In preparation for a month long working visit to Paris in July (yes I know, it’s a hard life), I did what any self-respecting tourist would have done a century ago, and snaffled up a Baedeker. There are loads of these old travel guides floating about, and I acquired my 1898 edition of Baedeker’s Paris and Environs for about six quid.
Paris has not changed so much since 1898 to render Baedeker’s street maps obsolete, and I found them very useful (despite the absence of any Metro stations). It would have been a different story, of course, if I’d been dealing with a guide to pre-Haussmann Paris. But I like causing difficulties for myself, so I also took along a print-out of the 1552 ‘Plan de Bâle’. Despite the name, this is in fact a map of Paris. It might as well have been a map of the town in Switzerland though, and my attempts to walk the medieval streets of Paris in the modern city were not very successful – even when I tried to triangulate by means of a copy of Hugo’s Notre Dame de Paris.
You can read a good account of the history and mythos of the Baedeker guides here. It recounts the no doubt apocryphal but appealing tale of Kaiser Bill taking pains to time his public appearances so as not to disappoint Baedeker’s eager readers. It also relates the less palatable but probably equally apocryphal story that the Nazis relied on Baedeker’s maps for their invasion of Norway, and that Hitler commanded the Luftwaffe on bombing missions in Britain to ‘flatten everything to which Baedeker gives two stars’.
It appears Baedeker did not much like France or the French, and that this is the reason why he delayed so long in publishing the Paris guide. This dislike seldom comes through in the text, but Baedeker (and here I use the name to refer both to the man himself and to the subsequent updaters of his handbooks) is a discriminating guide who has little time for anything that does not meet his exacting standards. Here, for example, he advises travellers to avoid the towns of Northern France, whose scenery is ‘seldom so attractive as to induce a prolonged stay’ and whose identikit collections of boulevards, jardins des plantes and cafés are ‘feeble reproductions’ of their Parisian models, making them ‘mere repetitions of the metropolis on a small scale’.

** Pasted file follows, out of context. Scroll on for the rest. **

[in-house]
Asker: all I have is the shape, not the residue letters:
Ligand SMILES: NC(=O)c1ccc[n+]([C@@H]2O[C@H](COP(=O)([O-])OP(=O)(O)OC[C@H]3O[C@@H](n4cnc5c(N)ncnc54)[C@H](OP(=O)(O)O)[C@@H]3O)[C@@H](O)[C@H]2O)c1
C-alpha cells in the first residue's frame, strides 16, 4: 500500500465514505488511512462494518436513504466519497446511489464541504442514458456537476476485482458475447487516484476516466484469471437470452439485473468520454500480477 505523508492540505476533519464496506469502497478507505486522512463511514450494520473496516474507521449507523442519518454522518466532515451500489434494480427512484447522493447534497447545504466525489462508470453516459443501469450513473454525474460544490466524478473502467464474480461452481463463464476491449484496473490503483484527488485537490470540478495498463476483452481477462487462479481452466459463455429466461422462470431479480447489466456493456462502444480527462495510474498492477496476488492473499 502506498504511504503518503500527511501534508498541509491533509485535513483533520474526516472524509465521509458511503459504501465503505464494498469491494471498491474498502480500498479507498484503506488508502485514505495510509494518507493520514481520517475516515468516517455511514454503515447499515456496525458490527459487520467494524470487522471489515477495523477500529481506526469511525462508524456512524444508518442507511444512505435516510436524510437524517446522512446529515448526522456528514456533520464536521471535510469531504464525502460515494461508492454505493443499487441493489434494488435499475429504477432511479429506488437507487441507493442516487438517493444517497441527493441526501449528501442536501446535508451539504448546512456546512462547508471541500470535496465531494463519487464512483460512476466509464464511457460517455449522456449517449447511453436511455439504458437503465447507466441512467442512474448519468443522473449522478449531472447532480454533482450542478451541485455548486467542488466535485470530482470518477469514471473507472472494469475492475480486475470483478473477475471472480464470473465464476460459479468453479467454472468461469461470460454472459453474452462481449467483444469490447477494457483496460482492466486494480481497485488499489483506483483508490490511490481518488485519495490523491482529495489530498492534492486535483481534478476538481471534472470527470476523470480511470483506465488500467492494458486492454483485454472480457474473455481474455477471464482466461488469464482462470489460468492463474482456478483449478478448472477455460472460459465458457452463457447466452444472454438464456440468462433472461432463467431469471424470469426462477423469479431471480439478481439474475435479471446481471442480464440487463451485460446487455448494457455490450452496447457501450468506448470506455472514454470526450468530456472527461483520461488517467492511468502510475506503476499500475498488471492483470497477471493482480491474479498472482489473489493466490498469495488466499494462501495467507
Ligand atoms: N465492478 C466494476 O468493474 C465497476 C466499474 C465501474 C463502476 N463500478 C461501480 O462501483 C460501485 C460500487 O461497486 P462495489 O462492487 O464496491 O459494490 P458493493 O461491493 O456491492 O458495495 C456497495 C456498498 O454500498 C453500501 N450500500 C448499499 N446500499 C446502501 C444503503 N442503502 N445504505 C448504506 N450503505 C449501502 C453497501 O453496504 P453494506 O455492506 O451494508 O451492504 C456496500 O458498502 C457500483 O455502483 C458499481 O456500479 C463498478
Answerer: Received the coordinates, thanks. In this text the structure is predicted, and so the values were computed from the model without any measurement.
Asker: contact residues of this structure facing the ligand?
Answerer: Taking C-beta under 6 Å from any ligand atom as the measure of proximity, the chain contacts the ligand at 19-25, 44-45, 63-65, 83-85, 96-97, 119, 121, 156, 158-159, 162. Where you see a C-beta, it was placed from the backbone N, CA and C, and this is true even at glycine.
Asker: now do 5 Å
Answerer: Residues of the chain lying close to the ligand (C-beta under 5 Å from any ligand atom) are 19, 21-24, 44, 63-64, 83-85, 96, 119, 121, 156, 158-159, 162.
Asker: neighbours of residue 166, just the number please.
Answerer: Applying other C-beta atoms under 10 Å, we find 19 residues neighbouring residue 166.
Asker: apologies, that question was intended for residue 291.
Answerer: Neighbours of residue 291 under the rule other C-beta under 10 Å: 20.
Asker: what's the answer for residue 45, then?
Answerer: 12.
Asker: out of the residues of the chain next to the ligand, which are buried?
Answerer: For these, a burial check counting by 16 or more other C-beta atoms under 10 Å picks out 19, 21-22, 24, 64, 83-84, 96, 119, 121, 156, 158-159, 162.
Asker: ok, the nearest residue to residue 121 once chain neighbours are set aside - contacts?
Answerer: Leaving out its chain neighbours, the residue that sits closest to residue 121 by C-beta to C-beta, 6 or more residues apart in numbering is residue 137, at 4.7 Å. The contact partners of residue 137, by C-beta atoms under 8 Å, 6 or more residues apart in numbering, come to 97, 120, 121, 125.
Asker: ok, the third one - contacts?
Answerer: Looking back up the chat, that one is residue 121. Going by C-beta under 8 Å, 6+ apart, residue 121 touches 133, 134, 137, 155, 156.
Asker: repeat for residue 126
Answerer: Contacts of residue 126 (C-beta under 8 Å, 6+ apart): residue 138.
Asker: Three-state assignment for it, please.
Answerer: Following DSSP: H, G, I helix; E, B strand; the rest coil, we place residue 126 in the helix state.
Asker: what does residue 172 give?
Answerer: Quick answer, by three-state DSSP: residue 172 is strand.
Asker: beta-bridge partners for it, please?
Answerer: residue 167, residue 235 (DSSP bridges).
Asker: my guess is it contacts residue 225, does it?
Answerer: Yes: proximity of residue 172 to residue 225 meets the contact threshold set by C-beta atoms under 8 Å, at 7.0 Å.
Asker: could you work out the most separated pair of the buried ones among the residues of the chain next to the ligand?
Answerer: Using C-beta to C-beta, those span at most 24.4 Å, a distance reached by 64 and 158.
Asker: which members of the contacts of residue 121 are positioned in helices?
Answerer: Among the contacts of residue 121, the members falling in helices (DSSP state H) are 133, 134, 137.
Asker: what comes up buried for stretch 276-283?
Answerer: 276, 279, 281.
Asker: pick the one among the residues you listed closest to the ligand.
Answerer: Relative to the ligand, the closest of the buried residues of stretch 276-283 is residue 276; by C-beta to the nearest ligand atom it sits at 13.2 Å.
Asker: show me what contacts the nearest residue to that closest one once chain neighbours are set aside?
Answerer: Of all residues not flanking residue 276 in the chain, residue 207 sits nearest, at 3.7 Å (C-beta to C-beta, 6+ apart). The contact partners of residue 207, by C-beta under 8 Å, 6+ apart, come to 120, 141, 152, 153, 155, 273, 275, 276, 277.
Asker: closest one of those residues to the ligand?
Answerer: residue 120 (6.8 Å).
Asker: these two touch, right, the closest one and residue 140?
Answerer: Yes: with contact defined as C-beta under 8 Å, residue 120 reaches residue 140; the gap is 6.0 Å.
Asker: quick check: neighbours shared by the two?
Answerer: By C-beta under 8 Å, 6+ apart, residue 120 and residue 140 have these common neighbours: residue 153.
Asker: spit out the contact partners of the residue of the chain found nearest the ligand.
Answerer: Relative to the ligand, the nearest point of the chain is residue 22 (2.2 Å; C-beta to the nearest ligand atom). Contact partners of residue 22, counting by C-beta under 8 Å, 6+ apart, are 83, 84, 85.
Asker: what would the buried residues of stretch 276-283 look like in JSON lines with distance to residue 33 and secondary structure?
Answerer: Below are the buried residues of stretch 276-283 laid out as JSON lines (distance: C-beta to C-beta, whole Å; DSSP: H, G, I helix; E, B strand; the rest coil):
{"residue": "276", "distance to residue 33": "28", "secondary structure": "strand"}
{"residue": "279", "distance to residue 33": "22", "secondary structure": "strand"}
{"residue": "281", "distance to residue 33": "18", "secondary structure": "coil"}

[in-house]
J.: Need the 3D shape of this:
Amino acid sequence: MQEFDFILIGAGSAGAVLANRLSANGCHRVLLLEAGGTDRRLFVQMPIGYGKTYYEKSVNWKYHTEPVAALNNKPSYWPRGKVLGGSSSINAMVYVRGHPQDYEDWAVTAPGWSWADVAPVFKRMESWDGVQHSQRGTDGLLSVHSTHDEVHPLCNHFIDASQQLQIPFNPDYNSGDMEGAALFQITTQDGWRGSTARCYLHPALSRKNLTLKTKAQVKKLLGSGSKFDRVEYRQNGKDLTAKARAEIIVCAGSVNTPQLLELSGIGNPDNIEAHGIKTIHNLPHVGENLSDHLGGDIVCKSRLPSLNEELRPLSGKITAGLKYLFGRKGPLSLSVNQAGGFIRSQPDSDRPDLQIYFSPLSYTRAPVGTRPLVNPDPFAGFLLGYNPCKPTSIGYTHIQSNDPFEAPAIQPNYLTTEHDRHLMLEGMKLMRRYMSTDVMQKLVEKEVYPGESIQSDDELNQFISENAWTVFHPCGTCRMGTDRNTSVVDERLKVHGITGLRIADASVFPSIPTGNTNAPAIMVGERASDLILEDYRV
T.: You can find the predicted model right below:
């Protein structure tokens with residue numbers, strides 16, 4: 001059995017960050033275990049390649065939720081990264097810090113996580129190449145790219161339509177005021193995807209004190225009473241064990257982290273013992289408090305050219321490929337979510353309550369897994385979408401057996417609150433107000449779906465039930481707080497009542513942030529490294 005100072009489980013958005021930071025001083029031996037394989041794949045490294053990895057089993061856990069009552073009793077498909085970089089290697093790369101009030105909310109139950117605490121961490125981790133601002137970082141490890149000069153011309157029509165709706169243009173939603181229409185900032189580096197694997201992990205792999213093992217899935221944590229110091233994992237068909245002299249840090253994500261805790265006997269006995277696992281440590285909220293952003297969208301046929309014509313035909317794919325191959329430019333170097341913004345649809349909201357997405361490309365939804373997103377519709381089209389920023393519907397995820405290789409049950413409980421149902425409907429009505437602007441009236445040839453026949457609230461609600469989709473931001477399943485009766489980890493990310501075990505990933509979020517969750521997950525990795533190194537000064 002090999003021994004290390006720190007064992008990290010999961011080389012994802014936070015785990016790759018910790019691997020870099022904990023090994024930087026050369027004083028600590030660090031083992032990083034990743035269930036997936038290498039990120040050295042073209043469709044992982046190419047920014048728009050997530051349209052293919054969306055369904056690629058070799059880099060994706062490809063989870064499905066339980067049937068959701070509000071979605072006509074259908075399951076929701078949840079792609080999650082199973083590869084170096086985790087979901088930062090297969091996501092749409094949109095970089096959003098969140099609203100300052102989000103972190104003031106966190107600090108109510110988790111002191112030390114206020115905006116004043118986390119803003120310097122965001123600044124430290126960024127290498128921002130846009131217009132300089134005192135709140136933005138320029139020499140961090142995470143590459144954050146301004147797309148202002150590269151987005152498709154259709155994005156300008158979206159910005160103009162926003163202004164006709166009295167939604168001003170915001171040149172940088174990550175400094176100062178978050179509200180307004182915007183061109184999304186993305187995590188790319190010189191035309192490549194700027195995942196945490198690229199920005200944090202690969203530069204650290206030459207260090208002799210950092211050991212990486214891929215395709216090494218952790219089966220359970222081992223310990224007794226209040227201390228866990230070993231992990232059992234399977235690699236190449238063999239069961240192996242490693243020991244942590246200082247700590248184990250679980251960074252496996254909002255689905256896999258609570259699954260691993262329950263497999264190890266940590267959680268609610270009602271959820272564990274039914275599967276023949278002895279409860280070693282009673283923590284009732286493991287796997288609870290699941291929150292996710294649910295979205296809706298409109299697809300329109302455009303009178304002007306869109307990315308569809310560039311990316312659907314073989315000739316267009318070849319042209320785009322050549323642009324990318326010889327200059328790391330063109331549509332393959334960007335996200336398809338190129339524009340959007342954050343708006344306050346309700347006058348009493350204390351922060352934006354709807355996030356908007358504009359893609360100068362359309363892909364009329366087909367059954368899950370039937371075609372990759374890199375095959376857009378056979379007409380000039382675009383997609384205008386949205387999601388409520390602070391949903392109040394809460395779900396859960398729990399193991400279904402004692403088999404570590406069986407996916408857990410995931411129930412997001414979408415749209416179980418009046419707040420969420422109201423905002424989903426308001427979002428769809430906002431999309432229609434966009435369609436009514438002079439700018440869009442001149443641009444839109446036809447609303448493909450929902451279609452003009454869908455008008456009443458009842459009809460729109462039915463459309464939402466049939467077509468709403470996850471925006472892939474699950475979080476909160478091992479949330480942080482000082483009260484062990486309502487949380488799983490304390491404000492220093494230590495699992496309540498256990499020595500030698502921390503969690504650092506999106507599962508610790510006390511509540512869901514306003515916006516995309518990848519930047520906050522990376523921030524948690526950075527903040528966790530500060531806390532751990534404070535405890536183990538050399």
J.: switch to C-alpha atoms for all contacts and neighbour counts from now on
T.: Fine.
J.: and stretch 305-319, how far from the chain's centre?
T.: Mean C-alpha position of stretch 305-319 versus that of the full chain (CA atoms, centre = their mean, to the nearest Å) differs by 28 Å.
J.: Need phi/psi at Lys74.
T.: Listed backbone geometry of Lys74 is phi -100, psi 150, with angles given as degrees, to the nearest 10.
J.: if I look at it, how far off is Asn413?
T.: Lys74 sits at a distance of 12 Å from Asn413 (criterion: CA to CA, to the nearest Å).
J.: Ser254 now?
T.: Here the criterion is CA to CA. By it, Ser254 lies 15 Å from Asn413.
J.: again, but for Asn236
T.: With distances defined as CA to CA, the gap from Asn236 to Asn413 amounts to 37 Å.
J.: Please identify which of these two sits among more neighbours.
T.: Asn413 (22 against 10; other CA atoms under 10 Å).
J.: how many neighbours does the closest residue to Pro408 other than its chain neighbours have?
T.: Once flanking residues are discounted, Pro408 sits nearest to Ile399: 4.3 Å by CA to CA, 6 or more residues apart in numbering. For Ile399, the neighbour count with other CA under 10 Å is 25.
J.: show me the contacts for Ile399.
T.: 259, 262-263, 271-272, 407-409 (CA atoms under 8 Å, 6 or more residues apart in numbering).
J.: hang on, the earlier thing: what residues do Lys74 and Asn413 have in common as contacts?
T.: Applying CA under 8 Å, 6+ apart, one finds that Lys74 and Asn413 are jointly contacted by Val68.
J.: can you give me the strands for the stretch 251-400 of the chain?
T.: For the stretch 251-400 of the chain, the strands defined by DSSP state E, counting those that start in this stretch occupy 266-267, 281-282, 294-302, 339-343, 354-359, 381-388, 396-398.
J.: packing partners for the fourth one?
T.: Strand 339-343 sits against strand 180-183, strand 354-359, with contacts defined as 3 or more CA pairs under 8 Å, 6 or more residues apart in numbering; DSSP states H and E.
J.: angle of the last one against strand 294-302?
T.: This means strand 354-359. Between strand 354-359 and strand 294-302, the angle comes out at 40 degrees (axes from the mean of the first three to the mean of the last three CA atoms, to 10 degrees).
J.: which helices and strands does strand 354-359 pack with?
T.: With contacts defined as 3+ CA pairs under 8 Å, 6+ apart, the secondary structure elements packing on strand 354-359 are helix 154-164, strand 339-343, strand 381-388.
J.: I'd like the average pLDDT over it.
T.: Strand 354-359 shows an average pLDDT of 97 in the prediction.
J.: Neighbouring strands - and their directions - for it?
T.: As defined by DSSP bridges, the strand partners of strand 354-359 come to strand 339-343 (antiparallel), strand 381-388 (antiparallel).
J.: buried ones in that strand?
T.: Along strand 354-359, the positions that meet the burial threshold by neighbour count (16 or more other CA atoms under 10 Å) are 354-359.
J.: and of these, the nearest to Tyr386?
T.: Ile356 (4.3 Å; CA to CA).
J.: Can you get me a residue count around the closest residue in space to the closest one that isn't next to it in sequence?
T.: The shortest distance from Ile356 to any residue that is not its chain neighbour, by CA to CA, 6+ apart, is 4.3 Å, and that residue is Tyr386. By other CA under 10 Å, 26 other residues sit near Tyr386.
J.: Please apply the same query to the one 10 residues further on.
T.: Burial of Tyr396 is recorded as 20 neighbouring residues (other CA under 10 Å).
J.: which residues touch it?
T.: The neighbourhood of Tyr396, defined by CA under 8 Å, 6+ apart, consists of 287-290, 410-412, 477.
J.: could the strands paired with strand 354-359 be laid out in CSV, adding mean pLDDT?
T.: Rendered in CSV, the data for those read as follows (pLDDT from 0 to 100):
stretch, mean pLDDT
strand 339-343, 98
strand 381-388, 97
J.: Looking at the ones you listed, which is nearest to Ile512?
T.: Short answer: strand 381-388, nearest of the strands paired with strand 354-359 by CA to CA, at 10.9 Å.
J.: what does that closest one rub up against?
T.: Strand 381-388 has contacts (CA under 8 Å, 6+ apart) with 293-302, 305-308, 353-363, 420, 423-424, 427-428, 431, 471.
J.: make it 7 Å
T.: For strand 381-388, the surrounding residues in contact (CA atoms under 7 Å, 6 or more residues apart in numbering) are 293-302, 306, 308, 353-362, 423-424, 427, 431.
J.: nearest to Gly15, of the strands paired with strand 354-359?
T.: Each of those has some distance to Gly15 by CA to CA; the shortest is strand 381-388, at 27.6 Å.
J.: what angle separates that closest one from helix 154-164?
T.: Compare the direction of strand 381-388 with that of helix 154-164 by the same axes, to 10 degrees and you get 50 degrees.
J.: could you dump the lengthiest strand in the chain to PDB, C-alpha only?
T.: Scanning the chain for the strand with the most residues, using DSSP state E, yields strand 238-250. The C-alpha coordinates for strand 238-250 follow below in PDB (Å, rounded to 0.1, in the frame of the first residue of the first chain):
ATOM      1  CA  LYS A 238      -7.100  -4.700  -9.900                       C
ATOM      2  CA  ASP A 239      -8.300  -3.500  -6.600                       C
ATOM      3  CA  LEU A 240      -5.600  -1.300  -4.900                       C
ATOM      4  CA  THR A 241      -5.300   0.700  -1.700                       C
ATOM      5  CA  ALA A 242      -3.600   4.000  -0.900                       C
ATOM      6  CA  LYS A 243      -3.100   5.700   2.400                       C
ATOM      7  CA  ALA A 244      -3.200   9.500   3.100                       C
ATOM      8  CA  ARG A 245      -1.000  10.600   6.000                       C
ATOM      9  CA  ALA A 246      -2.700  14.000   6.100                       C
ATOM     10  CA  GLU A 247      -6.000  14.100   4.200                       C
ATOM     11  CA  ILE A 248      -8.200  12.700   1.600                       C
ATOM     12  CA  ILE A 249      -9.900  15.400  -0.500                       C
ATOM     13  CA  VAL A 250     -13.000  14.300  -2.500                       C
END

I think Baedeker is right to say that the architecture that resulted from the ‘vast schemes of improvement carried out in our own days’ (the old Paris was still a recent memory), though imposing, ‘exhibit[s] an almost wearisome uniformity of style’. But I’m not entirely sure that I agree with his estimation of the French character, when he says that the Parisian, ‘accustomed by long usage to [the presence of tourists], is skillful in catering for their wants, and recommends himself to them by his politeness and complaisance.’
Baedeker complains that the tranquillity of the central quarters of the city is often rudely interrupted by the discordant cries of the ‘“old clothes” men’, the ‘crockery-menders’, and the ‘dog-barbers’. Fortunately, these persons are for the most part ‘self-respecting and devoid of the squalor and ruffianism which too often characterise their class’. I was however compelled to disallow the female members of my entourage to accompany me on a stroll around Montmartre, since Baedeker explicitly states that the establishments to be found there are not suitable for ladies.
But my purpose is not to point and laugh at the quirks of our forebears, naïve children that they were and ignorant of the lessons of maturity to be learned by their future and our present. (As if.)
I love the fact that among the many charts and lists included at the back of the book is a lengthy index listing ‘the most important Artists mentioned in the Handbook, with a note of the schools to which they belong.’ You don’t get that in Lonely Planet. And in spite of the desuetude of some of the practical information, one sometimes chances upon pointers in the guidebook that appear to have swung full circle through irrelevancy and back again: for example the instruction that ‘smoking is generally prohibited at the cafés unless there be chairs outside’. (Since the introduction of the smoking ban last year, Parisian café culture now seems to take place more outside than in.)
Included also, in a section entitled ‘Distribution of Time’, is a fiendishly complex table whose calculations derive from arcane algorithms which take into account length of visit, days and times of opening for the various attractions, and estimated expenditure. This was clearly of great use to Baedeker’s readers, and in my edition (whose past owners include a certain K. F. Robinson, and a G. J. Ingles of Whiteladies Road, Clifton) there are marks by two different hands to show which attractions the users intended to visit. These are the only marginalia to be found in the book, unfortunately.
Baedeker will tolerate no half measures, as is apparent from his advice to theatregoers: ‘An intimate acquaintance with colloquial French, such as can be acquired only by prolonged residence in the country, is absolutely necessary for the thorough appreciation of the acting; visitors are therefore strongly recommended to purchase the play to be performed, and peruse it beforehand.’
The Baedeker ethos is pretty far removed from the attitude prevalent among today’s Lonely Planet travellers, whose badge of honour is awarded for having ‘done’ as many countries as possible, as quickly as possible. There is an intensity of purpose that may seem strange to us in Baedeker’s insistence that tourists have a sort of moral obligation not to passively enjoy mere superficial pleasures, but to invest all of their intellectual energies in their experiences.
Speaking of which, I’m reading the great Patrick Leigh Fermor’s travel books on Greece at the moment. I’m sure I’ll have something to say about them in due course, if anyone’s interested.